1) Scout out two or three players who look really good (impressive high school stats; maybe impressive scouted attributes) and who fit your needs (looks like mostly size this time around). Make sure that you match up decently with their preferences - that is, their Local preference is F or higher if they're in your local regions (14, 15, 16, 17, or 18) and F or lower if they're from elsewhere, their Winning preference is probably F- or lower, and their Impact preference is preferably G- or higher. These guys are your maxes. You'll be putting 17 RP every week on them. An example of a possible max is Hoyt Hartlage of Conference 25.
2) Now scout out, say, twenty players who look good-but-not-great (and who similarly fit your needs and have benign preferences). What you're looking for here is mostly players who you (and hopefully others) wouldn't max; guys who really aren't good enough for anyone to put 17 RP a week on. Maybe their stats aren't terrific, maybe their scouted attributes are awful, maybe they have some significant defect in their game. Make sure they're still useful, though (in your case, that pretty much means being 6'7" or taller and having a pulse). This is your safety net. You'll be putting 1 RP on each of these players in Week One. (I'll tell you what to do in subsequent weeks a little later.) An example here might be Matthew Dorner from Conference 16.
3) Finally, scout out around eight players - not too many more - who are even a little bit worse than your safety net guys. Again, try to pick players who won't drop dead on the court, but definitely let your standards stretch and slip a little. These are the guys to whom you should offer a scholarship in Week One. For example, maybe Brendon Leitner of Conference 15 (although he might be at the bottom end of what you should consider, talent-wise).
I know that's a lot of information - does it make sense? You need to have recruiting done by 5pm EST on Friday.
I hope I haven't totally scared you away from this game... :) I'd love to hear any questions, comments, or impressions you have.
07-22-2004, 01:01 PM
Thanks for the notes. Based on available time and learning curve, I'll be lucky to recruit better than a toaster and 3 week old dead cat, but I'll give it a shot.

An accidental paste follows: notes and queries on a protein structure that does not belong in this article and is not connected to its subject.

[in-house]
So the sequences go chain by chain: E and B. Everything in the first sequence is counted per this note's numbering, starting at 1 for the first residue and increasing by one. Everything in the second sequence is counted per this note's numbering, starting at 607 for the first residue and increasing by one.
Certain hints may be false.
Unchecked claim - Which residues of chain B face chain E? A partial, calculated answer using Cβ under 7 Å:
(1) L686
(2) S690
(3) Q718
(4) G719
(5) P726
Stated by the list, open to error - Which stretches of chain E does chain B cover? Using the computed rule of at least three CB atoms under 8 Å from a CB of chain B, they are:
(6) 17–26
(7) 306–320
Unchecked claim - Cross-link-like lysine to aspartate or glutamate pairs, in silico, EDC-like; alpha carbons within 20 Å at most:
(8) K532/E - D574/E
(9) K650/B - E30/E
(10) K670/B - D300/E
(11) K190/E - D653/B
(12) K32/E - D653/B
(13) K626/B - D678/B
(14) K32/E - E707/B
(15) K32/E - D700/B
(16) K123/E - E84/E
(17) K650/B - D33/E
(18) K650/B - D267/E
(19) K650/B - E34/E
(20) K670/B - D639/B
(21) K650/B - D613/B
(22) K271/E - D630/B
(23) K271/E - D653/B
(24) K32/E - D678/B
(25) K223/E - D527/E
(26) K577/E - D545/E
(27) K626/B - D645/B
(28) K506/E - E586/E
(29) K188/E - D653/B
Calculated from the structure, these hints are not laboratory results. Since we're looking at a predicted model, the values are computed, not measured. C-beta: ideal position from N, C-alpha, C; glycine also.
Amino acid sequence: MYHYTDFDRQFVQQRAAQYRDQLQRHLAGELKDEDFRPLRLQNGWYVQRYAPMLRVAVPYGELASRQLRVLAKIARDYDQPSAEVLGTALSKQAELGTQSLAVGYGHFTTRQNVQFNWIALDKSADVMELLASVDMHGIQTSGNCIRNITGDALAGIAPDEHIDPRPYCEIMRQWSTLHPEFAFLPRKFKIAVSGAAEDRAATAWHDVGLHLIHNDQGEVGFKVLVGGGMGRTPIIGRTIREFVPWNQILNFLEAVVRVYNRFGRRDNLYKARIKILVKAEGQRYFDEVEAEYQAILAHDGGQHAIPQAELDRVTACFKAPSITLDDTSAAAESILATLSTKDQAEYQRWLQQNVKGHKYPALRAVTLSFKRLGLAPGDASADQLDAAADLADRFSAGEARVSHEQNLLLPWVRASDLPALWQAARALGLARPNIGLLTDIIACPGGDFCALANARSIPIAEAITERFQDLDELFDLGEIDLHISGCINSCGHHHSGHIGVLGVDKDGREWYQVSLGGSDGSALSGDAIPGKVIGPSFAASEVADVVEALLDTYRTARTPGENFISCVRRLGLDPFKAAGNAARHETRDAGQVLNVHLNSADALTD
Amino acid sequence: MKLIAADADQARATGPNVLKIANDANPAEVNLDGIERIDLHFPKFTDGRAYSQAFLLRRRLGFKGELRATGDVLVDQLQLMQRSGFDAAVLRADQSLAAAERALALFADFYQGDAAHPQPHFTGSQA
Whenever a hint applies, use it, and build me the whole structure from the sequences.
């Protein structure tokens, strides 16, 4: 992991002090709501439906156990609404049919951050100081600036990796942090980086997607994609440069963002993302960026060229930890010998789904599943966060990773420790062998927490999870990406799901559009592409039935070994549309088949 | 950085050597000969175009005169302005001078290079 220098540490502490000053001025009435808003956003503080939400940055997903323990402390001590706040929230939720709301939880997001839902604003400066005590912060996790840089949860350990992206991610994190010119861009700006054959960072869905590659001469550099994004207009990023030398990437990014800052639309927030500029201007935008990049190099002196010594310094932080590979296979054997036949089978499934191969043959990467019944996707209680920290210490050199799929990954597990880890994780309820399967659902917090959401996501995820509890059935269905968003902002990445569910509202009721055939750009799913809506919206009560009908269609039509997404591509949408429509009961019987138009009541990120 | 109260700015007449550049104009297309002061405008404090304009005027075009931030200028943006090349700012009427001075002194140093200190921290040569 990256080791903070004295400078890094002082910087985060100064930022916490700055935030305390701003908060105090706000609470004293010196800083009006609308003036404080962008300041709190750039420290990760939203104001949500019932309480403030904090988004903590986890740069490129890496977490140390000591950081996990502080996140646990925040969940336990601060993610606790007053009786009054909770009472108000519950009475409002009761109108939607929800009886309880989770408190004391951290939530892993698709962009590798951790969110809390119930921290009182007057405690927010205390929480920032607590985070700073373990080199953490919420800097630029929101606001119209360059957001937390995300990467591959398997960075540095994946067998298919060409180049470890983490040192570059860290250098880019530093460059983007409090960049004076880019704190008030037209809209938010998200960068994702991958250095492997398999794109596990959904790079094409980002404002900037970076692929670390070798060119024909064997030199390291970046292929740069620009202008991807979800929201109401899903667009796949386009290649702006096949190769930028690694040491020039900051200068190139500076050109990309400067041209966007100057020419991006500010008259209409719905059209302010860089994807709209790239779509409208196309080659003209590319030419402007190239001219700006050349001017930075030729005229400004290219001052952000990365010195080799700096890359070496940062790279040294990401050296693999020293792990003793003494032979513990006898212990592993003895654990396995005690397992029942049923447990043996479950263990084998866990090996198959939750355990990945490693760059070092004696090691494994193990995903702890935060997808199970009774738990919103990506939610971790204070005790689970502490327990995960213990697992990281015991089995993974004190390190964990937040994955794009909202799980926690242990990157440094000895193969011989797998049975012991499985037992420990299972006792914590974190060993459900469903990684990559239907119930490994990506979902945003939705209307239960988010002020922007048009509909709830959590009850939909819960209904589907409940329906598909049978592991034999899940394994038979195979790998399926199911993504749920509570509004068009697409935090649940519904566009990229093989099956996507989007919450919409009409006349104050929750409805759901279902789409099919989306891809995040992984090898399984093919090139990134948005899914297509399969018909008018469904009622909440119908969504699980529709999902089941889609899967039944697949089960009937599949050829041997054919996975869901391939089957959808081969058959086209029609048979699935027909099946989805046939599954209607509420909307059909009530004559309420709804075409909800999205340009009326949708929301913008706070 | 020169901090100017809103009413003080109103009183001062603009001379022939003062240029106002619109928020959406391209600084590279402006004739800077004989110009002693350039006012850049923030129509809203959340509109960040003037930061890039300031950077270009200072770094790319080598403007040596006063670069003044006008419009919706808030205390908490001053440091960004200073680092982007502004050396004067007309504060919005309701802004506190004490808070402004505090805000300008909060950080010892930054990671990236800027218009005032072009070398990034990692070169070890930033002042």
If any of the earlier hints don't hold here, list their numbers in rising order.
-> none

07-22-2004, 02:02 PM
Hey, don't knock toasters...they can be formidable forces in the paint.
Don't worry too much about the learning curve; it's steep at first, but it levels off real quickly. Recruiting's much easier, and more fun, than I make it sound, when you get the hang of it.
Given your time constraint and if you don't mind, I'm happy to lend a hand, recruiting-wise, your first time around. I'm a paying program, so I get a sortable Excel spreadsheet with all 768 recruits, their stats, and their scouted attributes. It makes recruiting a virtual snap.
For example, I tooled around on it for about twenty minutes and came up with some suggestions for your first batch of recruits. Feel free to go another way, of course, but this is here if you need it.
You need size and rebounding next year, so that's what I went after.
If I were in your shoes at Youngstown, I'd choose two of the following three players to max (put 17 RP on) every week:
Hoyt Hartlage, 6'10" C - El Paso, Tx. (Region 25)
Stats: 21.5 ppg 9.5 rpg 1.0 apg 1.8 spg 1.2 tpg 1.0 bpg
Projected attributes: GGPGFE (that's shooting, defense, hands, rebounding, intelligence, and athleticism)
Enis Whitlow, 6'9" C - Hartford, Ct. (Region 3)
Stats: 10.5 ppg 10.5 rpg 1.5 apg 1.0 spg 1.0 tpg 2.2 bpg
Projected attributes: PEFEFG
Brad Robey, 6'10" C - Wilkes-Barre, Pa. (Region 3)
Stats: 9.2 ppg 7.5 rpg 2.2 apg 2.5 spg 1.5 tpg 3.0 bpg
Projected attributes: PEFGFF
I bet there'll be around three other coaches on each of these guys, maybe less...giving you a fairly good shot at breaking a tie if you max two of them.
Then I'd put 1 RP this week on the following players (region in parentheses):
I. Elliott (3)
B. Hoke (6)
T. Emrich (7)
M. Schultz (7)
O. Osborne (8)
E. Olson (10)
K. Stein (10)
L. Holland (10)
S. Jones (11)
T. Waldrop (12)
M. Cooper (13)
M. Dorner (16)
M. Bean (17)
D. Patel (17)
B. Witten (27)
D. Sutherland (27)
F. Weiter (28)
A. Nichter (28)
A. Timmons (29)
A. Rigdon (32)
Again, pretty good players, but not spectacular -- there's an excellent chance that you'll have a lead on at least a couple of them when RPs are revealed after week three.
Finally, I'd put a scholarship down this week on the following eight players:
T. Grossman (5)
B. Leitner (15)
L. Gernert (18)
L. Halblieb (18)
C. Irving (19)
T. Raque (24)
G. Hoover (27)
G. Sells (28)
Uninspiring but potentially useful players. And when you need size, a 6'8" stiff is often acceptable.
Anyway, let me know if you have any questions about why I'd recruit these particular players. And tell me to shut up if necessary; I just like talking about this game. :)